USC recruit getting better by the minute
When Ayanna "Yani" Clark was 10, she was a 6-foot catcher who could throw out baserunners from her knees.
"Parents from opposing teams would make comments that Yani looked like she was 17," said Clark's mother, Tonya Hines. "So I started carrying around her birth certificate to our softball games."
Clark is now 15, and she still has a terrific arm -- she just uses it in a different way.
Last season, as a 6-2 freshman center, Clark helped Long Beach Poly (Long Beach, Calif.) win California's Open Division state basketball title.
Poly (27-3) finished No. 3 in the espnW HoopGurlz Power 25 national rankings.
Now a rising sophomore, Clark is one of the elite prospects in the 2017 class. Last week, she committed to play at Southern Cal.
Not bad for a girl who didn't start playing travel basketball until seventh grade.
"After that, I lost interest in softball," said Clark, who has a 3.0 GPA and is interested in studying sports medicine in college. "Basketball was my thing.
"I was scared when I went to my first [basketball] tryout. I wasn't very good at first. But the people around me made it fun. I liked the atmosphere."
And while softball is gone from her life, all that training did not go to waste, Long Beach Poly basketball coach Carl Buggs says.
"The fact that she played softball," Buggs said, "explains why she can toss a basketball from baseline to baseline on a rope."
The Triple A's
Clark is the last of the three children of Hines, a single mother and a unit coordinator at Long Beach Memorial Hospital.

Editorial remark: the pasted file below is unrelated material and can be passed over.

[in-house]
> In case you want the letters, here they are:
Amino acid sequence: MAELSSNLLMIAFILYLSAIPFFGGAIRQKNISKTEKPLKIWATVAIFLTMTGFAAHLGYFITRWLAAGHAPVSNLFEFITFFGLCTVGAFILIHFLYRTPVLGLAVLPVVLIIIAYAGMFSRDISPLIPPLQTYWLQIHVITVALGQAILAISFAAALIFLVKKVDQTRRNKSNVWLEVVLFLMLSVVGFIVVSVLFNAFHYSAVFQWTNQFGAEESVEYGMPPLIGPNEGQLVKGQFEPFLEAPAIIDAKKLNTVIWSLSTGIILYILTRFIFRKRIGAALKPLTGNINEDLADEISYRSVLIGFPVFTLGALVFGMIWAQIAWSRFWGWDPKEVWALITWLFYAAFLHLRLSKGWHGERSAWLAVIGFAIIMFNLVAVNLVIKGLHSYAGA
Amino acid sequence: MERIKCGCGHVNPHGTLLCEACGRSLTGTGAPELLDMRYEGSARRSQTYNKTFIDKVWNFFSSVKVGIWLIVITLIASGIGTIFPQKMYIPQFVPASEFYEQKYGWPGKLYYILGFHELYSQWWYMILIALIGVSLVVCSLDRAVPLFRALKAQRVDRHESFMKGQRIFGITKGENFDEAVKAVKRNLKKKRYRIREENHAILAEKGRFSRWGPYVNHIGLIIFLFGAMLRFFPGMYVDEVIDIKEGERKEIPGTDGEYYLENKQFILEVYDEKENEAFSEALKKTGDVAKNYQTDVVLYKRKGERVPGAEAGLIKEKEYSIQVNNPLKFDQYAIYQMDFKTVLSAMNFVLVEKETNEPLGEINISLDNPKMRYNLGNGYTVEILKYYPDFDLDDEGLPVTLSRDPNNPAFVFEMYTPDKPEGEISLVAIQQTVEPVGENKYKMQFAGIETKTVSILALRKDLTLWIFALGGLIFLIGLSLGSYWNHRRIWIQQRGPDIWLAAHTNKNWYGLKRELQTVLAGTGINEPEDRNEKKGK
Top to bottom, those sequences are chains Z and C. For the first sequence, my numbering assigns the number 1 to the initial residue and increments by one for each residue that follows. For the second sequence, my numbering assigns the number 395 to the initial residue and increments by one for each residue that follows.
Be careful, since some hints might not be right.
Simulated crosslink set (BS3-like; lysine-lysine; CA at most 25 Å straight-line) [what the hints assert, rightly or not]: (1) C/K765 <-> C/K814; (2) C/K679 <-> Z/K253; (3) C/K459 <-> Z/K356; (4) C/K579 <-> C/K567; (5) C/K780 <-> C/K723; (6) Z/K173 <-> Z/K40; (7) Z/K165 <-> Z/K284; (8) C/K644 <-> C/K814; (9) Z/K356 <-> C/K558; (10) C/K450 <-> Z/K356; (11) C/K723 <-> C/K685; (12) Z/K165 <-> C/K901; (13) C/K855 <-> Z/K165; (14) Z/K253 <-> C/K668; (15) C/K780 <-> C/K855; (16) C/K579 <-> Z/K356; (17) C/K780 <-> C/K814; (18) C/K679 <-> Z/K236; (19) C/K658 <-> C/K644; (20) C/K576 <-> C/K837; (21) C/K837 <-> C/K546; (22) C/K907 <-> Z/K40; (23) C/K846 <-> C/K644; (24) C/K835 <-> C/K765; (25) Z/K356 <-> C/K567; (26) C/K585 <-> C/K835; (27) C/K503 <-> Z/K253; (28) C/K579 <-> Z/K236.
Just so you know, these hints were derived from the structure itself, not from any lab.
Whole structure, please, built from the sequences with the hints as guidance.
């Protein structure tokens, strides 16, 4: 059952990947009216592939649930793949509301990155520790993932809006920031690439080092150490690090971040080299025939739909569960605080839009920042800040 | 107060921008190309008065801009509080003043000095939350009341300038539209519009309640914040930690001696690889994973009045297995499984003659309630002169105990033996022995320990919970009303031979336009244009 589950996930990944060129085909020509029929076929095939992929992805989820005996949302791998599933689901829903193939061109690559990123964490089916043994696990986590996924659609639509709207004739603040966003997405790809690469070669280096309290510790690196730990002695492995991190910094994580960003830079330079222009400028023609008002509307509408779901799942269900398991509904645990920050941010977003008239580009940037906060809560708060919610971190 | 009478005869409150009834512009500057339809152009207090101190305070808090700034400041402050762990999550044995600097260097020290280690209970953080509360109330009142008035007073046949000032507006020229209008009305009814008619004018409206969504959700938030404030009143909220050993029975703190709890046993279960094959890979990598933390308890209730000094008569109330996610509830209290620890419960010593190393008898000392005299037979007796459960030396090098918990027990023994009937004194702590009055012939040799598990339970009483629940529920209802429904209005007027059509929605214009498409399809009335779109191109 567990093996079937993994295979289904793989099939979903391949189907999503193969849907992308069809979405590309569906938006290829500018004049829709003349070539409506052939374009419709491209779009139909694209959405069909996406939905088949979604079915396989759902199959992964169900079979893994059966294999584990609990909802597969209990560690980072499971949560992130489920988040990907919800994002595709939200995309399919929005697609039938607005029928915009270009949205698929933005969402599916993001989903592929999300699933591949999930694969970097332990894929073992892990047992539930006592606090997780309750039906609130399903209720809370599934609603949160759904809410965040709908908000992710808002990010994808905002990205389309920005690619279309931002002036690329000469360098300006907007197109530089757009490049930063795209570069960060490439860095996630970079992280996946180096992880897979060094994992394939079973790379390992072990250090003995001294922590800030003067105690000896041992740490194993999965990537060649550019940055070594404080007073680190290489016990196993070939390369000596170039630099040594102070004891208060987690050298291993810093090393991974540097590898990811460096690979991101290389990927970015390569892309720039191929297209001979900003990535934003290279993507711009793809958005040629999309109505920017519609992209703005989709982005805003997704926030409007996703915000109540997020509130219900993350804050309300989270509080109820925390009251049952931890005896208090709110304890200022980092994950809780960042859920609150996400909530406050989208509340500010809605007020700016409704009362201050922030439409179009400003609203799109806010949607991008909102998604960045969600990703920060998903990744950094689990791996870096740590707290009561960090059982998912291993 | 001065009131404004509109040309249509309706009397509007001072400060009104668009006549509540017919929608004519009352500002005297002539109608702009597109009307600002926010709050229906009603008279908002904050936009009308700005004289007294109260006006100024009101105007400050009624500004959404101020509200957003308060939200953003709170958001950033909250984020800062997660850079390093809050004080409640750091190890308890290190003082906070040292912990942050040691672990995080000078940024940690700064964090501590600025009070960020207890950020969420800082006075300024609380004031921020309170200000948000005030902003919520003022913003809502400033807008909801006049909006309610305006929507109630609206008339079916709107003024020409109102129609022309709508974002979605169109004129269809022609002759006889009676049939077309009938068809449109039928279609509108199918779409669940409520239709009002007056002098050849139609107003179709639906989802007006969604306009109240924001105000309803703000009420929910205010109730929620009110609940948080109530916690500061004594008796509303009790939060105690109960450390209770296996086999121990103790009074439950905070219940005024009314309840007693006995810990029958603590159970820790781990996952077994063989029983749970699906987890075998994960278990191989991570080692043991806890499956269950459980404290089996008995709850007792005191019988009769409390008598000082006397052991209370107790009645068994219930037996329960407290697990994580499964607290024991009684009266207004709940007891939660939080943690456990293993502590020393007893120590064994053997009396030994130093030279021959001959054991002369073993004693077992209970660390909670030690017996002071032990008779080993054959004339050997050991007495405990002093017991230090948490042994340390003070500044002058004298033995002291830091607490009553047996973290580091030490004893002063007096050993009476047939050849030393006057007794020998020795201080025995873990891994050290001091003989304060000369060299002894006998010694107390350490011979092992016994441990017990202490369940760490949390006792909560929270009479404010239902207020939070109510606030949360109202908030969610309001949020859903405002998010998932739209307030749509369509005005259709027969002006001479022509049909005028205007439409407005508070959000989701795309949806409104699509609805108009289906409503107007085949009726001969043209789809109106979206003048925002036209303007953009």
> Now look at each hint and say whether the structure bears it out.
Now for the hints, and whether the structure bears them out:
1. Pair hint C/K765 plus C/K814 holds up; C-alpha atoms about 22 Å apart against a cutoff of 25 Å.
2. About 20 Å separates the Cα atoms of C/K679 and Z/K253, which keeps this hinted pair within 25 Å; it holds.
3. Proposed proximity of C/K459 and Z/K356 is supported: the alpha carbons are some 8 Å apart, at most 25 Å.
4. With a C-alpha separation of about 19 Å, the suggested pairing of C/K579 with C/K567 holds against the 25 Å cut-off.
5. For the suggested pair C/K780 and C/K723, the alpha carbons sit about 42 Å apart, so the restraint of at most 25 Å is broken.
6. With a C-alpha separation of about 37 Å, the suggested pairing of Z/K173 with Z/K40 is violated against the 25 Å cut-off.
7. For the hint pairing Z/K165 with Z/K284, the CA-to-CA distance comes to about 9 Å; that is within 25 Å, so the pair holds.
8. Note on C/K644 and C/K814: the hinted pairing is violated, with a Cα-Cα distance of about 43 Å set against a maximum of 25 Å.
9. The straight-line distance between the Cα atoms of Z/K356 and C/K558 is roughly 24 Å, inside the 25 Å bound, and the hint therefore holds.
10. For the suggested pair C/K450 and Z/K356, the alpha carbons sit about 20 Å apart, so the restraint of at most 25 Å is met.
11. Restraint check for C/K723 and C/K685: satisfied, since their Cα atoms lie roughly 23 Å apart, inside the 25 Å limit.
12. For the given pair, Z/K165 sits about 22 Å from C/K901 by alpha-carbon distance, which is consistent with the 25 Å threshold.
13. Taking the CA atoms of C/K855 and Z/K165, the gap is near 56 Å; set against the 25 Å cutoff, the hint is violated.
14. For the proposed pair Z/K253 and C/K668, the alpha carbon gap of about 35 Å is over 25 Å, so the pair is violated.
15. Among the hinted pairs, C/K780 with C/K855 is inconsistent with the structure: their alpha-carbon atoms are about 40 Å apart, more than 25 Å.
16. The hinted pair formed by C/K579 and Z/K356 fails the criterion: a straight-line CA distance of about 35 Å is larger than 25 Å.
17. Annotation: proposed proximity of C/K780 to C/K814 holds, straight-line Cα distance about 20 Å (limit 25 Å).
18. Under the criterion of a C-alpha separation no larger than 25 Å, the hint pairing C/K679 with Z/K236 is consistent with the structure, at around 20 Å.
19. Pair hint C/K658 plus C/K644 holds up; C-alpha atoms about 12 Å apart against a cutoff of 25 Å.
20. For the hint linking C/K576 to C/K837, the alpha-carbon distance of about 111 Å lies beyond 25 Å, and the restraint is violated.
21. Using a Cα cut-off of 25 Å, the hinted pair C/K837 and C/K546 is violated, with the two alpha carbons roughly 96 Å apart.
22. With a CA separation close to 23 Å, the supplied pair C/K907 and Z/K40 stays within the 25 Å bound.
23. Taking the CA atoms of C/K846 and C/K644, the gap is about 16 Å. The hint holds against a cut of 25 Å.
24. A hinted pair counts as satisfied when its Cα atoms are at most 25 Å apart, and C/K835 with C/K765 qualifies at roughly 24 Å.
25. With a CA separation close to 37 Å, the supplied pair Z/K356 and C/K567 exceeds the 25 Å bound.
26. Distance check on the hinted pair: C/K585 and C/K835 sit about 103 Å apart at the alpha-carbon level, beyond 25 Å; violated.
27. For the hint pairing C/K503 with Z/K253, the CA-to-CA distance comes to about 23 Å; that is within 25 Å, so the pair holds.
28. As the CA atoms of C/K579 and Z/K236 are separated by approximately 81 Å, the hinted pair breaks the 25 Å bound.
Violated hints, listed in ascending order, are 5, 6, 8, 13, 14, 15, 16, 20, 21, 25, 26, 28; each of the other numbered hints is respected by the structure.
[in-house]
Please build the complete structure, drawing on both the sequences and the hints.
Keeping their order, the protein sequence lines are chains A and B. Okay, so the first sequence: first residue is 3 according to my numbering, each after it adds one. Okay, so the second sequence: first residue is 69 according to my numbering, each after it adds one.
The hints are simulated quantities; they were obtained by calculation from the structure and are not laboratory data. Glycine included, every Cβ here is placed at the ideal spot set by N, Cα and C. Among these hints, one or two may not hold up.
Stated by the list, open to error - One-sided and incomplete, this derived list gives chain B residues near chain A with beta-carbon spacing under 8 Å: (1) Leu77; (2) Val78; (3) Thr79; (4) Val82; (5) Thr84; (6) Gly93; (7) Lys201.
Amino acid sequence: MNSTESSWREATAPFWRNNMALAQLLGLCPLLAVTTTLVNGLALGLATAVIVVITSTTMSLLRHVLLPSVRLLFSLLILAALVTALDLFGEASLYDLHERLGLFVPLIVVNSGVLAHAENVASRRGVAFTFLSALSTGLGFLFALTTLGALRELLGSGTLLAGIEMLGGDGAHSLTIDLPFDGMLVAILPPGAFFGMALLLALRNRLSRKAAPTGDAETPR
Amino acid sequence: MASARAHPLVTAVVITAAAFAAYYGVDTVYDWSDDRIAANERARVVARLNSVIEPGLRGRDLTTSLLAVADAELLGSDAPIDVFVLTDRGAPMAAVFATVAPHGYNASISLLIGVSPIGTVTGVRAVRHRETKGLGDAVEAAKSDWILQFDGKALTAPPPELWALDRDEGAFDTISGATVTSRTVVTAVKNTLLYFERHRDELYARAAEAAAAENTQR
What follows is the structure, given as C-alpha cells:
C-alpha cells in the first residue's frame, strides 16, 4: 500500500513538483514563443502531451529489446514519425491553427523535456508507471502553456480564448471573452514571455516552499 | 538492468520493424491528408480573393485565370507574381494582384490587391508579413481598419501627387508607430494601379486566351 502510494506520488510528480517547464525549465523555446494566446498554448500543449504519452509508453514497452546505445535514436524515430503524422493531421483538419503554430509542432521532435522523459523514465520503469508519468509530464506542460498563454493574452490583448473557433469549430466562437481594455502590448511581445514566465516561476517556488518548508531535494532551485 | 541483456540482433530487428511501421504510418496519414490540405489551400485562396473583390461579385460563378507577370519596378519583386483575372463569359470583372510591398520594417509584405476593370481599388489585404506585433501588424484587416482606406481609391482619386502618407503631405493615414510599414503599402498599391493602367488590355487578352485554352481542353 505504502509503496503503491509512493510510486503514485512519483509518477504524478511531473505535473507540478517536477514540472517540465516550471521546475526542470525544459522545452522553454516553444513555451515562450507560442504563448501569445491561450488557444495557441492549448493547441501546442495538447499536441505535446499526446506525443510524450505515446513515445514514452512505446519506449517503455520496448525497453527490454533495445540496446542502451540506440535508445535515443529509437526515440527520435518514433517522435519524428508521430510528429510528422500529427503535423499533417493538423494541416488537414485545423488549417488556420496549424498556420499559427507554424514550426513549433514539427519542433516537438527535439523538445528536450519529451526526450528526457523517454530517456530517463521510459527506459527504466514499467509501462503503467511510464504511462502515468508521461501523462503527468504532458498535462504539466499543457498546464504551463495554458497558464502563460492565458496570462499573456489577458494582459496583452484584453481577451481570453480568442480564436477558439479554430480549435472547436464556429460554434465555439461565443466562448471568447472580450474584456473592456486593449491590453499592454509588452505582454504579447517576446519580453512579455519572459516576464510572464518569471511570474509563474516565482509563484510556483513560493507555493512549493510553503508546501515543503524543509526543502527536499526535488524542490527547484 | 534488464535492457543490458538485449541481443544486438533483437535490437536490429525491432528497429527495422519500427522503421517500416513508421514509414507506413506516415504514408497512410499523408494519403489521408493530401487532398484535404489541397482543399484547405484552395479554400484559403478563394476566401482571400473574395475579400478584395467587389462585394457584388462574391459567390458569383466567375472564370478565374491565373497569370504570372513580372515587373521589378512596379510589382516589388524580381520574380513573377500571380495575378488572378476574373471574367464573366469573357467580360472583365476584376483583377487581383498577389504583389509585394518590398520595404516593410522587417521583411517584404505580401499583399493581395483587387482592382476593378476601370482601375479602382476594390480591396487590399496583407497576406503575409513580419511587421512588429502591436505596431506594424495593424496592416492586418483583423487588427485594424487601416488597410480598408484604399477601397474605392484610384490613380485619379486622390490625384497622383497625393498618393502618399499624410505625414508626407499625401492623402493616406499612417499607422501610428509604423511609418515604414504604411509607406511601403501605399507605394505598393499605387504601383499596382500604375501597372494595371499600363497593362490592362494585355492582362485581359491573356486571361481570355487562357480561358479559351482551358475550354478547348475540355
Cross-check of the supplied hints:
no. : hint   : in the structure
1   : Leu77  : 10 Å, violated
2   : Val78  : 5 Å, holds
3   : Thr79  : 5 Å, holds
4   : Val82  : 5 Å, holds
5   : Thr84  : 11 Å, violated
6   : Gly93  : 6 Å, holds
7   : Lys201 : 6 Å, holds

The oldest child is Clark's sister Ashli, 29, followed by Austin, 21, a football player for Long Beach City College.
Although they play different sports, Austin also is a 6-foot-2 center. The major contrast is that he is massive at 378 pounds.
Ashli, meanwhile, likes to say that she is in charge of both of her siblings' budding careers, calling it "Triple A Management" because all of their names start with that same letter.
Clark hasn't had her biological father in her life since age 2, but she said she has had positive male role models.
"My brother takes that position," she said. "I consider him as a father figure."
Besides advice and guidance, Austin serves as a valuable resource for Clark in another way.
In the past year, Clark has grown three shoe sizes to a women's 15, and she often borrows basketball footwear from Austin, who works at a Nike store.
Coach takes interest
Clark credits Matt Thalley, now an associate head coach for her Cal Sparks AAU team, for teaching her the basketball basics.
But there was no question she was raw at first.
"We tried to get her dribbling on a fast break," Thalley said, "but she was so big and uncoordinated at the time that she would run a player over or two and then throw a layup hard off the backboard.
"I knew it would take a little bit of time. But I also knew she was a very good athlete."
Hines said Thalley saw something in her daughter.